The recession and its disastrous effects on Maryland's pocketbook have opened the door to new approaches, agendas and political alliances. A case in point is the partnership budding among Baltimore city Mayor Kurt L. Schmoke, Montgomery County Executive Neal Potter and Prince George's County Executive Parris Glendening.
This troika, looking after common interests, is attempting to draft a package of tax proposals for submission to the General Assembly to offset anticipated cuts in state allocations to local governments. The aim is to prevent crippling reductions in local services and to protect the existing aid to education program.
What qualifies as remarkable is the regional approach to problem-solving between players more commonly on opposing sides. Montgomery, in recent years, has had little truck with initiatives aimed at helping Baltimore city. Conversely, tax policies beneficial to the wealthy Washington suburbs have had little support among legislators in poor Baltimore.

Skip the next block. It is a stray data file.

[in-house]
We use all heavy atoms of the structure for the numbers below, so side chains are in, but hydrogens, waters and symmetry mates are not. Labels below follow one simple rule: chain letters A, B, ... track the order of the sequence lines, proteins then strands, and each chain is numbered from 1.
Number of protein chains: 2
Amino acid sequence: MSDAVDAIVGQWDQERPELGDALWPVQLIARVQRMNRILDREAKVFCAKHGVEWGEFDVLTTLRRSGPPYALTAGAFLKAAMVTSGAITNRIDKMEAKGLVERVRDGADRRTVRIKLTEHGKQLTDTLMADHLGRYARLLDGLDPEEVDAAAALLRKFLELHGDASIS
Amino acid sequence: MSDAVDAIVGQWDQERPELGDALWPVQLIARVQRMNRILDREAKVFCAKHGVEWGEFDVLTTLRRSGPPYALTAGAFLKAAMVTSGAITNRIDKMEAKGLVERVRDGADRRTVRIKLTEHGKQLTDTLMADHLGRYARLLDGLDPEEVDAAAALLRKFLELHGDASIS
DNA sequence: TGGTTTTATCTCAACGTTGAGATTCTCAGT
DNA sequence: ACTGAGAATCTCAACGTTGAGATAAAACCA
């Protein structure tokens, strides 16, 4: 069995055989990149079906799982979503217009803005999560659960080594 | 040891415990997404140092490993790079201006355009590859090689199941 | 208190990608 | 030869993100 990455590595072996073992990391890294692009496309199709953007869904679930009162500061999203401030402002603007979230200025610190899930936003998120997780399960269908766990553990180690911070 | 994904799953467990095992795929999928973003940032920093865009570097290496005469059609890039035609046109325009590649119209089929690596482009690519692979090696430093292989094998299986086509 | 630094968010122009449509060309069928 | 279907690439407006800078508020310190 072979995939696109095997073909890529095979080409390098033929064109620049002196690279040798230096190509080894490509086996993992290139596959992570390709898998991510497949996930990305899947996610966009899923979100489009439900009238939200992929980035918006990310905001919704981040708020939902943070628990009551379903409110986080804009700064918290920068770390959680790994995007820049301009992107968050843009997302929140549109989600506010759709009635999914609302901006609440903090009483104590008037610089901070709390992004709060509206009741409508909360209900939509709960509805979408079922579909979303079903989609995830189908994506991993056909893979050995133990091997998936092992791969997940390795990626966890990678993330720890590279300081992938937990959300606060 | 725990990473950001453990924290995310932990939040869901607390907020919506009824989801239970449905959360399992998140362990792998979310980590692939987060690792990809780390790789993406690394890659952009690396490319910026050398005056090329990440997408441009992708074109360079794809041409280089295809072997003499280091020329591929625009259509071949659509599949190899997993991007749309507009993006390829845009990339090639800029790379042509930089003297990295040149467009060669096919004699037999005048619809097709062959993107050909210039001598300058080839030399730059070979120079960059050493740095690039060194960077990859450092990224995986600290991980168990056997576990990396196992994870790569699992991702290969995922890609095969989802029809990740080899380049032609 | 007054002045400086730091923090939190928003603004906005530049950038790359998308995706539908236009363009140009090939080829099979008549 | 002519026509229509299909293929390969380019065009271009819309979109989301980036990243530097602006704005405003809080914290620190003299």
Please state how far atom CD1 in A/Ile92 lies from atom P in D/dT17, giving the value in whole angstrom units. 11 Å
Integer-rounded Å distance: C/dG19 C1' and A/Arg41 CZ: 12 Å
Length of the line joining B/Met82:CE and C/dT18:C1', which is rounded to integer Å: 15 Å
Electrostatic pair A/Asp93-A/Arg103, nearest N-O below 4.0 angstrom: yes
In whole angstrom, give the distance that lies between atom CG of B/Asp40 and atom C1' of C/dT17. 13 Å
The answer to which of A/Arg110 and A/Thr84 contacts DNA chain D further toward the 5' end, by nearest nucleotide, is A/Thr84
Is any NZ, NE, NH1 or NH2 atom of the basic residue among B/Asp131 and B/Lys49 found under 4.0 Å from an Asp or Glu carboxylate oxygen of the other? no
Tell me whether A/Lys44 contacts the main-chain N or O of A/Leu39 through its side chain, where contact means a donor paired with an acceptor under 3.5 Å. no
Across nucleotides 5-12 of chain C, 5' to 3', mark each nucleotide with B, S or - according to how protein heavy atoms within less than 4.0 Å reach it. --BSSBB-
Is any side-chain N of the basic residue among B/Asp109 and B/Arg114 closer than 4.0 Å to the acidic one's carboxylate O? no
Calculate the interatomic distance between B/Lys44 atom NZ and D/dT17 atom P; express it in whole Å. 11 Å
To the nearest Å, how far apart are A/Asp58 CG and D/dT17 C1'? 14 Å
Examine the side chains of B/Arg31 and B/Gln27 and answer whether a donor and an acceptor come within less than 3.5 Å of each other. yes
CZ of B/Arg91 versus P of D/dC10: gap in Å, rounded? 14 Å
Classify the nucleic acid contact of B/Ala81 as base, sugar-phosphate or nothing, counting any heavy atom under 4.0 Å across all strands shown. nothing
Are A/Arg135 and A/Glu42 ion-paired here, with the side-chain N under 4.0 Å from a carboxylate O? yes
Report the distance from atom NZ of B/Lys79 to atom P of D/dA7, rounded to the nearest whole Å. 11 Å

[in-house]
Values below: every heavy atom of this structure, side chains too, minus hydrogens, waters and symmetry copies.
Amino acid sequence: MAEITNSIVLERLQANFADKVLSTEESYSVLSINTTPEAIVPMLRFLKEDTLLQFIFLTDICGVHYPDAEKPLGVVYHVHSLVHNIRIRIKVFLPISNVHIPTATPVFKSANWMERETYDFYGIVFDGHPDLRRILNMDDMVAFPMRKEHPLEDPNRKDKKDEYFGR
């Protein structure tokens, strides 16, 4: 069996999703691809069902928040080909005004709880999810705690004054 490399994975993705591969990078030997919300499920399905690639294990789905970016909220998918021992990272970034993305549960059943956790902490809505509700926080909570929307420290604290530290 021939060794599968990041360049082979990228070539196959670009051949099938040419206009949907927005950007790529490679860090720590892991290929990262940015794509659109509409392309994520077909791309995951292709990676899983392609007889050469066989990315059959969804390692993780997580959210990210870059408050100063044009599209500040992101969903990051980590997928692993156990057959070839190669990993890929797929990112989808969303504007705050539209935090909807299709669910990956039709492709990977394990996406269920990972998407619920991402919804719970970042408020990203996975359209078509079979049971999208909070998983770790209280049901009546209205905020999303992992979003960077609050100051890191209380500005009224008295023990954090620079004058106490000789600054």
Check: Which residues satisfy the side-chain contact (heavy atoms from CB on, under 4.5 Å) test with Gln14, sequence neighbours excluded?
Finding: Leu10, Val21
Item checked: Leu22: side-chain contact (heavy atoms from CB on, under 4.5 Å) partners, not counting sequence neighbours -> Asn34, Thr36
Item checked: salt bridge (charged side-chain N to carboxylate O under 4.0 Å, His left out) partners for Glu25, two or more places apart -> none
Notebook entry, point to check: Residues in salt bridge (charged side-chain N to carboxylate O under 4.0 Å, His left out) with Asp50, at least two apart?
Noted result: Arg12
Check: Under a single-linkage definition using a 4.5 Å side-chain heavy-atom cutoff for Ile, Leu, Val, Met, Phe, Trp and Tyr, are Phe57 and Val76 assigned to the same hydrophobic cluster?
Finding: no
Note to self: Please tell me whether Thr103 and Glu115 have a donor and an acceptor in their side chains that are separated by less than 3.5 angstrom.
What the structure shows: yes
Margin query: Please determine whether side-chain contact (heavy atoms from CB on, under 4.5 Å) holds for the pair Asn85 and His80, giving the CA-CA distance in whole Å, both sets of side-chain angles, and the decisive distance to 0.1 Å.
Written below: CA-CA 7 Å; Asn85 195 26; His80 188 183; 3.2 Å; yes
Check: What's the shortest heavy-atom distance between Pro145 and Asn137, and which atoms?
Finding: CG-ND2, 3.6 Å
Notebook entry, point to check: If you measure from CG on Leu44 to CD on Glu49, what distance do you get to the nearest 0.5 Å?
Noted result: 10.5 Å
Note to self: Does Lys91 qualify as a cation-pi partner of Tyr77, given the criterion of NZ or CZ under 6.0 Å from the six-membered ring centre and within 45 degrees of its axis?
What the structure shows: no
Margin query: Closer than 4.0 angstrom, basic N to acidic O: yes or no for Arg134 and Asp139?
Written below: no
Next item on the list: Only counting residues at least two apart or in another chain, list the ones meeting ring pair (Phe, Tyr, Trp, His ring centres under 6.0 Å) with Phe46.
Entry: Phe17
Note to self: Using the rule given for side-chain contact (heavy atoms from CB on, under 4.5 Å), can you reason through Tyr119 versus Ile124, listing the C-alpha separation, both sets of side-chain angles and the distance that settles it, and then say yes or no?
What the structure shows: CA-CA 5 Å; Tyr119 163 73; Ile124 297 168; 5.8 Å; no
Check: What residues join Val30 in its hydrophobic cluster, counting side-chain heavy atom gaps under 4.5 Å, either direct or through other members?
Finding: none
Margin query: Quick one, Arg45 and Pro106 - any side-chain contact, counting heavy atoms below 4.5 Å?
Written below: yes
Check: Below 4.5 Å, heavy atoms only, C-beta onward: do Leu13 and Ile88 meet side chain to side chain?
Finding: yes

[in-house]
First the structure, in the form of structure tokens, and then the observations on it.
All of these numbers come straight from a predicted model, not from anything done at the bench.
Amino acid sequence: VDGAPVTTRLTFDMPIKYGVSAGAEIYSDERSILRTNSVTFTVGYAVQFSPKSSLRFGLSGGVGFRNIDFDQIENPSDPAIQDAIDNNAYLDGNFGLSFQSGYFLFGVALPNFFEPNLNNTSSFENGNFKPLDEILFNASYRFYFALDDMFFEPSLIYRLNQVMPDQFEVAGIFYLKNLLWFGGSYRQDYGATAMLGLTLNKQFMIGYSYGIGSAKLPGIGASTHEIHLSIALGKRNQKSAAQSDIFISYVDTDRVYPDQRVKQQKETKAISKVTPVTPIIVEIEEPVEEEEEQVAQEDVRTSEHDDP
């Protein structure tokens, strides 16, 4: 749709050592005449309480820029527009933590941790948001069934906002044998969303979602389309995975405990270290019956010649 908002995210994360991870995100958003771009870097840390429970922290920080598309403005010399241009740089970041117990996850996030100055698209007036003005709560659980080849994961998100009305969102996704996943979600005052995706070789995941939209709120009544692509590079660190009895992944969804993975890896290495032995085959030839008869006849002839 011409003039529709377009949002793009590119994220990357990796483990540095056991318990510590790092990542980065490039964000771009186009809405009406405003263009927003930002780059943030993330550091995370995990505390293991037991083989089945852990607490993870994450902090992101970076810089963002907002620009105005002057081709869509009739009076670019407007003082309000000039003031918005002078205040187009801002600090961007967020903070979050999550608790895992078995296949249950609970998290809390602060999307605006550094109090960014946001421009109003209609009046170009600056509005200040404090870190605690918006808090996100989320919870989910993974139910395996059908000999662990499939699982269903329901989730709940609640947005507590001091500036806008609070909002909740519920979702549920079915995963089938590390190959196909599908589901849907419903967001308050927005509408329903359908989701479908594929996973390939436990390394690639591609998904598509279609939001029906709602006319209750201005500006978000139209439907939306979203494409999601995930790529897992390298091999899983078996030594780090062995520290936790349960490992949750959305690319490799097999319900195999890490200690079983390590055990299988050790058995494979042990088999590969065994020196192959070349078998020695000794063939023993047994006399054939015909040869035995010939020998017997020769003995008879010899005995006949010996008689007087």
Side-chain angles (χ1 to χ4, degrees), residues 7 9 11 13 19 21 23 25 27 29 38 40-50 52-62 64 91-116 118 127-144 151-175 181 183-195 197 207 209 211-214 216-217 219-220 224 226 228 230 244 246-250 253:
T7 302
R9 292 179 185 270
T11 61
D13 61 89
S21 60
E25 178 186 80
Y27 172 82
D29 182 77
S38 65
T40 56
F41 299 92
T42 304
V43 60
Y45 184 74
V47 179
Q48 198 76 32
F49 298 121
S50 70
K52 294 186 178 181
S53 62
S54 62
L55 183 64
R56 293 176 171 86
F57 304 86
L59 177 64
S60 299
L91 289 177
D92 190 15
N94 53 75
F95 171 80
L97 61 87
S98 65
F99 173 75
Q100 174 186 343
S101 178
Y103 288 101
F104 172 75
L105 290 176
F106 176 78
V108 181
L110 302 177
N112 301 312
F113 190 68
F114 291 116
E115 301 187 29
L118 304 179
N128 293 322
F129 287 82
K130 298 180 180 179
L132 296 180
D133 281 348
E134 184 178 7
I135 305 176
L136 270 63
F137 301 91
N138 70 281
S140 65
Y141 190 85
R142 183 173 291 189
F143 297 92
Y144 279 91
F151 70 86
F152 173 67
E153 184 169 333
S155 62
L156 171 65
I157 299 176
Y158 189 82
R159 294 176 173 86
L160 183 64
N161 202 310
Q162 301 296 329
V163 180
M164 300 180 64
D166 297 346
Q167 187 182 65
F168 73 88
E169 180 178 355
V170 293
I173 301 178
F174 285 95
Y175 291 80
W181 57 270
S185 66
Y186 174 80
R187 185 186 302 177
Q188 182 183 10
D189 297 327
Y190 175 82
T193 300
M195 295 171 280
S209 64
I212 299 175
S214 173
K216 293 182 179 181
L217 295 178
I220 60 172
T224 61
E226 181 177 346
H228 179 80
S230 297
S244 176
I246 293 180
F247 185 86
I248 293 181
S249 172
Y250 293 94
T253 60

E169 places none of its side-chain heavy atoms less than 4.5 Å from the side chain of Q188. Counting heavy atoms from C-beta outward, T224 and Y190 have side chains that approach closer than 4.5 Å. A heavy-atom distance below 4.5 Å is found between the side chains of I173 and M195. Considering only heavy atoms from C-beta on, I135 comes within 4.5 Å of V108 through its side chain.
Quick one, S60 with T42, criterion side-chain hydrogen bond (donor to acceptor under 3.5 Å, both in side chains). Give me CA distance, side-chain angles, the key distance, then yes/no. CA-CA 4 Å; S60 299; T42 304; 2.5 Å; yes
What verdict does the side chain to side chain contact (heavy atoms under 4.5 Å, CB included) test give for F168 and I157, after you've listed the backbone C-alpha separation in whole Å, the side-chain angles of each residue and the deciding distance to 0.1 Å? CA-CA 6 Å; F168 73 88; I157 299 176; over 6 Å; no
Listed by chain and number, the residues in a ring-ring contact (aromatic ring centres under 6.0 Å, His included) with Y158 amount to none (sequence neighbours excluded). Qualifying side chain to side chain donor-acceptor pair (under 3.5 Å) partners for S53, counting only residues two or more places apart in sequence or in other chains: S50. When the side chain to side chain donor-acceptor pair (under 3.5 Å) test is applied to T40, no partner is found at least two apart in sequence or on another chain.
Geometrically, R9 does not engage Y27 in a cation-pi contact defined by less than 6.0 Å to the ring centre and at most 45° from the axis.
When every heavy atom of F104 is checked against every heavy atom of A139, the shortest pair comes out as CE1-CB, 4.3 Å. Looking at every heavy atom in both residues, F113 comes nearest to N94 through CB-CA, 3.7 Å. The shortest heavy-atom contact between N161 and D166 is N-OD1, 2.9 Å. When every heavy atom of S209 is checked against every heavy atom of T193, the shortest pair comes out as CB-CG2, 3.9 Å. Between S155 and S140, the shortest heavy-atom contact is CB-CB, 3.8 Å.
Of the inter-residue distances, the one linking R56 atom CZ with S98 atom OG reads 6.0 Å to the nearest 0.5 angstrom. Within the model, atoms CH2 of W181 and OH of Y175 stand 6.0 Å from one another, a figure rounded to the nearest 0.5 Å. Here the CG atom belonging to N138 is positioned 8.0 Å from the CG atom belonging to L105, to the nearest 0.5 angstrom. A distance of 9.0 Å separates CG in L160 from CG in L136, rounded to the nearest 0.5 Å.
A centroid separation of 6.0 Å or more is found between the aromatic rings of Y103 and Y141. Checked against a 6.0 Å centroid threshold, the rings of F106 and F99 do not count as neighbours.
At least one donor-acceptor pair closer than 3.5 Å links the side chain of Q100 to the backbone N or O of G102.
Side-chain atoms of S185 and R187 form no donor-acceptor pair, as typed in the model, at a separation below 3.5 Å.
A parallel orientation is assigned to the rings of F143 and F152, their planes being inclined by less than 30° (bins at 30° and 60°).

This recession has acted as an equalizer. Montgomery, still one of the richest counties in the nation, faces enormous fiscal pressures that threaten the residents' high quality of life. Its fiscal hole is even worse than the city's. Prince George's, already beset by painful cutbacks made last fall, is feeling the financial strain in many ways that are more similar to Baltimore city than to Montgomery. This budget dilemma has brought leaders of the three jurisdictions together.
The implications of this alliance could be far-reaching. A tax proposal with three of the heaviest voting blocs in the General Assembly behind it could break the ice on raising taxes this session. So far, at least, an agreement seems possible. The trio agrees on what it wants and how to achieve it -- via a broadened state sales tax. "Obviously, we're all looking for relief in some form now, so we're trying to find common ground," Glendening said. "We've passed the psychological barrier."
This is an important first step. It not only could alleviate the economic pain afflicting virtually every corner of the metropolitan area, but it could also lead to new interjurisdictional cooperation. That is essential in an area where artificial political boundary lines are increasingly ignored by citizens who think of the entire Baltimore-Washington region as their home.